Retail investors trust big advisory firms less than they did four years ago and are questioning the value of the advice they receive, according to a report from Cerulli Associates, based on multiple surveys it conducted with 7,000 retail investors from June 2011 to July 2012.
The report, which covers $22.4 trillion in retail owned assets and splits that universe into three groups: advisor intermediated, with $13.9 trillion, direct to investor, with $4.2 trillion and other intermediated channels with $4.3 trillion.
On Wall Street, Financial Planning and Bank Investment Consultant were given a sneak peek at the survey, and this week we'll be bringing you the key findings. Today: What trends are most affecting the market for mutual funds?
Traditional mutual funds may have recovered the ground they lost in the market turmoil of 2008, but even so, investors are not convinced that active management gives the best bang for their buck.
Last year, investors withdrew a net $72 billion from mutual funds, but that pullback represented a calmer attitude than they took a year earlier, when they yanked out $267 billion, which followed a year when they pulled $143 billion out of mutual funds.
But this sharp rebuke can't be chalked up to jitters about the choppy markets alone. Investors were not in total bunker mode in 2011; they sent a net $112 billion into exchange-traded funds.
The trend is not simply about the rabid growth of ETFs. Investors have also come to favor passive index-tracking fare within mutual funds. Of the largest 25 equity mutual funds by assets and net flows, six were Vanguard products, raking in $11.7 billion in net cash flows in the first quarter of this year. The other 19 funds lost more than $15 billion in the same period, according to Cerulli.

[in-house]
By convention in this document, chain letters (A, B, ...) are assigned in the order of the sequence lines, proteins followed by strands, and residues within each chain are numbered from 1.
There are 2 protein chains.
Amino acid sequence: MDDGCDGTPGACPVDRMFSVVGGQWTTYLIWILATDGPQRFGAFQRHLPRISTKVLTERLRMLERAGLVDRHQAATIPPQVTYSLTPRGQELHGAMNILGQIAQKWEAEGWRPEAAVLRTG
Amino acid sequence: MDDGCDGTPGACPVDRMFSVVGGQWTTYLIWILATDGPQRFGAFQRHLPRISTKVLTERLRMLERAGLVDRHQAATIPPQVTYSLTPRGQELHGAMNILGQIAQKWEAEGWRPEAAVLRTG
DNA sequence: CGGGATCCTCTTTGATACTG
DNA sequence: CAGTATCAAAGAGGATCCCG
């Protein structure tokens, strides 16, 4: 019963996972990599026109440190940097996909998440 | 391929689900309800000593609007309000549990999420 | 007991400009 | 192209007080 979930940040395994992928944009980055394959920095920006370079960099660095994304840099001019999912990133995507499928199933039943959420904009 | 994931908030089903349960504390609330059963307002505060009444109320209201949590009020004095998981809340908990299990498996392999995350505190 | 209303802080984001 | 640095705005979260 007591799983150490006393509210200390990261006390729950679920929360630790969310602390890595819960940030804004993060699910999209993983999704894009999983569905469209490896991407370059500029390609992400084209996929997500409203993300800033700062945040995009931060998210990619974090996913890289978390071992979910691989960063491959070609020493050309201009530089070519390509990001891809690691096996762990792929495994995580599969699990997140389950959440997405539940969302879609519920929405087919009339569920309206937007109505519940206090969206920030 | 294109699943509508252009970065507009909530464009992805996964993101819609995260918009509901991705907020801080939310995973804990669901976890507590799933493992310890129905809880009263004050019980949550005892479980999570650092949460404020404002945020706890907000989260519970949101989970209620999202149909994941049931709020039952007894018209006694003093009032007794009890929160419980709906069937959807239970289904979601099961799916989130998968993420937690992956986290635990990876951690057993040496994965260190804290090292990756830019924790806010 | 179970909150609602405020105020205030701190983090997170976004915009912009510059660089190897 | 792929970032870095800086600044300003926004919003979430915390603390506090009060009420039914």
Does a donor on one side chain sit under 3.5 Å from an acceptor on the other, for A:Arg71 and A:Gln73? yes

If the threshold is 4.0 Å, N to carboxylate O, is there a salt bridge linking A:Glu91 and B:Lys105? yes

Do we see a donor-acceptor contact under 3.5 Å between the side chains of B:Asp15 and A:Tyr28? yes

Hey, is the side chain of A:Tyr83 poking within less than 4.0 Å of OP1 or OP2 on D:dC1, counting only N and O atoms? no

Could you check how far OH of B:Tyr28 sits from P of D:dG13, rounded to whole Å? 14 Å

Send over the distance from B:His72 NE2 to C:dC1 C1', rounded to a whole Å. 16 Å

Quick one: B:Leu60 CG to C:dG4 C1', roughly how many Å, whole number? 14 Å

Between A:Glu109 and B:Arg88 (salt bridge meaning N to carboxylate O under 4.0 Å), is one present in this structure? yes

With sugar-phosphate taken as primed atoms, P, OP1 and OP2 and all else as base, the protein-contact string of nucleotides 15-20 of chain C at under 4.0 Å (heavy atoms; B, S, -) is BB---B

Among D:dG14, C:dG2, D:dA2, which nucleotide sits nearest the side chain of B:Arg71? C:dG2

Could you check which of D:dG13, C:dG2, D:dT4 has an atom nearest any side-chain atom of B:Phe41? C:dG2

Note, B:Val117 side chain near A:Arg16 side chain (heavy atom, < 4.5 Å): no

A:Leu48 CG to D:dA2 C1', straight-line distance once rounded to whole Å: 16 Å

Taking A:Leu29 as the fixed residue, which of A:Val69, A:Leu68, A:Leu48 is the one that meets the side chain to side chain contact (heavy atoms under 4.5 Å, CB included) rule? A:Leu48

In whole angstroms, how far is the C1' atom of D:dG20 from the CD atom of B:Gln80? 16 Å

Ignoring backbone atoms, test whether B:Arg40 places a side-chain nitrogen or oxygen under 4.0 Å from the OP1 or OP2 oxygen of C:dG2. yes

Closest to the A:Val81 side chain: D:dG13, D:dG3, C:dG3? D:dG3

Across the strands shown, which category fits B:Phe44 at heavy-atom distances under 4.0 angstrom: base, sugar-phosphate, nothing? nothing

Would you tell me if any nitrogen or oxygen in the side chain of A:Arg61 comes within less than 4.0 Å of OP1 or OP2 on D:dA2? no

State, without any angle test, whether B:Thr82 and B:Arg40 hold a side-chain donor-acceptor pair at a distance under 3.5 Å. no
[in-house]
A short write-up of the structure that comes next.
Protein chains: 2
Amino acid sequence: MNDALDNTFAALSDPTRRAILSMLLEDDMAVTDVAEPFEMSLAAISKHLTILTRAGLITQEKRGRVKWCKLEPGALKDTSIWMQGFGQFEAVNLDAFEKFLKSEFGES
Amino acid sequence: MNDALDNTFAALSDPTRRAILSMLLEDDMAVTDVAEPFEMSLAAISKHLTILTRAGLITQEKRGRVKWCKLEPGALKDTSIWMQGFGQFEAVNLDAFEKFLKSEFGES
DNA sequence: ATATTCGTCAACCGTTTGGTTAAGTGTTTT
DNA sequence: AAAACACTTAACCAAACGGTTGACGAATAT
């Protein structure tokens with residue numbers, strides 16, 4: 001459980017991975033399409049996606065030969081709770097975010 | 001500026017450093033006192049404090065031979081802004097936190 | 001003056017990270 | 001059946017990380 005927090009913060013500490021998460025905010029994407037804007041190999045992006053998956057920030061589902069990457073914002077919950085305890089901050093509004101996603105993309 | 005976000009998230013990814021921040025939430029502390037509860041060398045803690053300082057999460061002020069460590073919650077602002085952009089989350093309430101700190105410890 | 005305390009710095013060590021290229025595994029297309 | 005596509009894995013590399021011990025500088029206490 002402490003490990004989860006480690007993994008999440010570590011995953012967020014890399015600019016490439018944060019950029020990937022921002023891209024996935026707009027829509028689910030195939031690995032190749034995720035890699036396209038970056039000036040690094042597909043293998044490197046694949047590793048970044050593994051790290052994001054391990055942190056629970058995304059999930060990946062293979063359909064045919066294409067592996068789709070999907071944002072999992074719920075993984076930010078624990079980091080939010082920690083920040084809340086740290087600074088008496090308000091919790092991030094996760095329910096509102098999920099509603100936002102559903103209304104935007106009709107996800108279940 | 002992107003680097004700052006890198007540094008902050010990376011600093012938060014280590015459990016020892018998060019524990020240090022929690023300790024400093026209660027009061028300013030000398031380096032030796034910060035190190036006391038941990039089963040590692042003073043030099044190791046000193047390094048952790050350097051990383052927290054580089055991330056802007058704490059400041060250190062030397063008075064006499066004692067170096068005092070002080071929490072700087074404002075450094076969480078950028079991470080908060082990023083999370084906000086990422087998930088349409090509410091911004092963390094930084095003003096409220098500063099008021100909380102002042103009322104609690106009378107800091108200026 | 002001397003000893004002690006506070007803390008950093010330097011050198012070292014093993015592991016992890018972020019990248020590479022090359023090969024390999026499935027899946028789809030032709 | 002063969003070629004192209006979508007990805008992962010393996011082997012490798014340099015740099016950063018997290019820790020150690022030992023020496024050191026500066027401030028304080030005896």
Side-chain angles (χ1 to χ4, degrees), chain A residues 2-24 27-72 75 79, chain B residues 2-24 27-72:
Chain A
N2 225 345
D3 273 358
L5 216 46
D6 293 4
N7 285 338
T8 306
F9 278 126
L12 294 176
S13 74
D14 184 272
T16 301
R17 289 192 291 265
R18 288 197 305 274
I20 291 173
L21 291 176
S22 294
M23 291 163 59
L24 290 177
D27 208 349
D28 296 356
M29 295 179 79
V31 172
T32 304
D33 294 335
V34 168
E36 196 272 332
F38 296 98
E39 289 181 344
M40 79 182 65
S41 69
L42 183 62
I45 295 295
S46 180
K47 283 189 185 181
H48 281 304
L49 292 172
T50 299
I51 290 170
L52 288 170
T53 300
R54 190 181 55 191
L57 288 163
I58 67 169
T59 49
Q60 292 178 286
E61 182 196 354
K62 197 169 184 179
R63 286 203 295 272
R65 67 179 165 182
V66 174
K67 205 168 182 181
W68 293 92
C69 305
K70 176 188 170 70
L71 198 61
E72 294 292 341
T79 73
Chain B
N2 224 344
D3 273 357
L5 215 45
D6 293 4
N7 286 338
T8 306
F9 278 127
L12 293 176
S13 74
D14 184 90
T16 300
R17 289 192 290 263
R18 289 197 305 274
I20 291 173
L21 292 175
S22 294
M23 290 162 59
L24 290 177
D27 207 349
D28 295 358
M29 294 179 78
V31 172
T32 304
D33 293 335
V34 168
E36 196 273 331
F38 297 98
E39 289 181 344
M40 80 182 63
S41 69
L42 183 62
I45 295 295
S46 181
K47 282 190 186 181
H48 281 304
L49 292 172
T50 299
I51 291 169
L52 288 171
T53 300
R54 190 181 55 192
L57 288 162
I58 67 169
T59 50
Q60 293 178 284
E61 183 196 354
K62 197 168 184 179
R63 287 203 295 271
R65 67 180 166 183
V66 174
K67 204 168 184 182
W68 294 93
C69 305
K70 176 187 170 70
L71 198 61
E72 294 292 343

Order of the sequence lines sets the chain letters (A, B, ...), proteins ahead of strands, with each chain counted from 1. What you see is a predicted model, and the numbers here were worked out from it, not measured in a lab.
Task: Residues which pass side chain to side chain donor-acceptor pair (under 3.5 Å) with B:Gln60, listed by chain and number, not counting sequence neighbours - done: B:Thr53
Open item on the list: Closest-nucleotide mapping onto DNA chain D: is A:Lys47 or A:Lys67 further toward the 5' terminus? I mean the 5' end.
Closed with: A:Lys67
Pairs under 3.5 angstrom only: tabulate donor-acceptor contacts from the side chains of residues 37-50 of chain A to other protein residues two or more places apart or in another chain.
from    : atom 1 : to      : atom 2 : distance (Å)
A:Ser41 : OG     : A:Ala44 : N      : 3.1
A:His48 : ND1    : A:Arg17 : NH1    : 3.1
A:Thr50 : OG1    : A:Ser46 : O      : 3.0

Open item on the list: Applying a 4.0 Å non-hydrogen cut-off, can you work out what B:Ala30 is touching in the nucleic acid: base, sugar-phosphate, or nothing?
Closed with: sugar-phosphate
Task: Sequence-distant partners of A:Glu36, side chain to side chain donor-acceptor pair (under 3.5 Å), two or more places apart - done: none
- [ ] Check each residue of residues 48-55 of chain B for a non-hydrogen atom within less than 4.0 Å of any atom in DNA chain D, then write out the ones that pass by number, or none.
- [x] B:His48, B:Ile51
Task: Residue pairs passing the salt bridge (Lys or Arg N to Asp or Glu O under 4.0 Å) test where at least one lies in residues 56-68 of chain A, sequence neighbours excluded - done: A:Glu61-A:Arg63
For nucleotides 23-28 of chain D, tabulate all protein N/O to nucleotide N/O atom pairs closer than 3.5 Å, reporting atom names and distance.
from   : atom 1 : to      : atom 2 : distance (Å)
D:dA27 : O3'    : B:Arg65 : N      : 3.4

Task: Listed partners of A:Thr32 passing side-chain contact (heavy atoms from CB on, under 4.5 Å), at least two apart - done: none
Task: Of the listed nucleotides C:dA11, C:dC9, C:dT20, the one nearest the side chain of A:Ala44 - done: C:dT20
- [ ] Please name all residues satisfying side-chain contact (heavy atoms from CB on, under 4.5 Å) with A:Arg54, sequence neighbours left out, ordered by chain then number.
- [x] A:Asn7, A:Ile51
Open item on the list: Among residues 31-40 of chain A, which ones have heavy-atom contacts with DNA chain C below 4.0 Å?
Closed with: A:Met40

And investors weren't the only skeptics. The tide of academia is now pushing against active management.
"This is both a huge challenge and a huge opportunity for traditional asset managers," said Scott Smith, an analyst at Cerulli. "The opportunity here is to help advisors redefine their portfolio construction and find places where they can add value and really get beyond modern portfolio theory or standard diversification," he said. "No one's quite satisfied, but they don't know what it is they're looking for."
Smith said the recent strong interest in a wide variety of alternative investments, both in terms of the structure of the instrument and the strategy. But most of the changes up to now have been incremental, with most advisors adding just a 5% to 10% allocation to alternatives to most clients' portfolios. And even within alternatives, there is no one favored product.
"Advisors have yet to find a new solution. They're just looking to make their old solutions a bit better," he said.
In the future, Cerulli expects the list of top asset gathering funds to be largely the domain of low-cost providers with core offerings, while active managers try to provide clients with alpha by using other asset classes.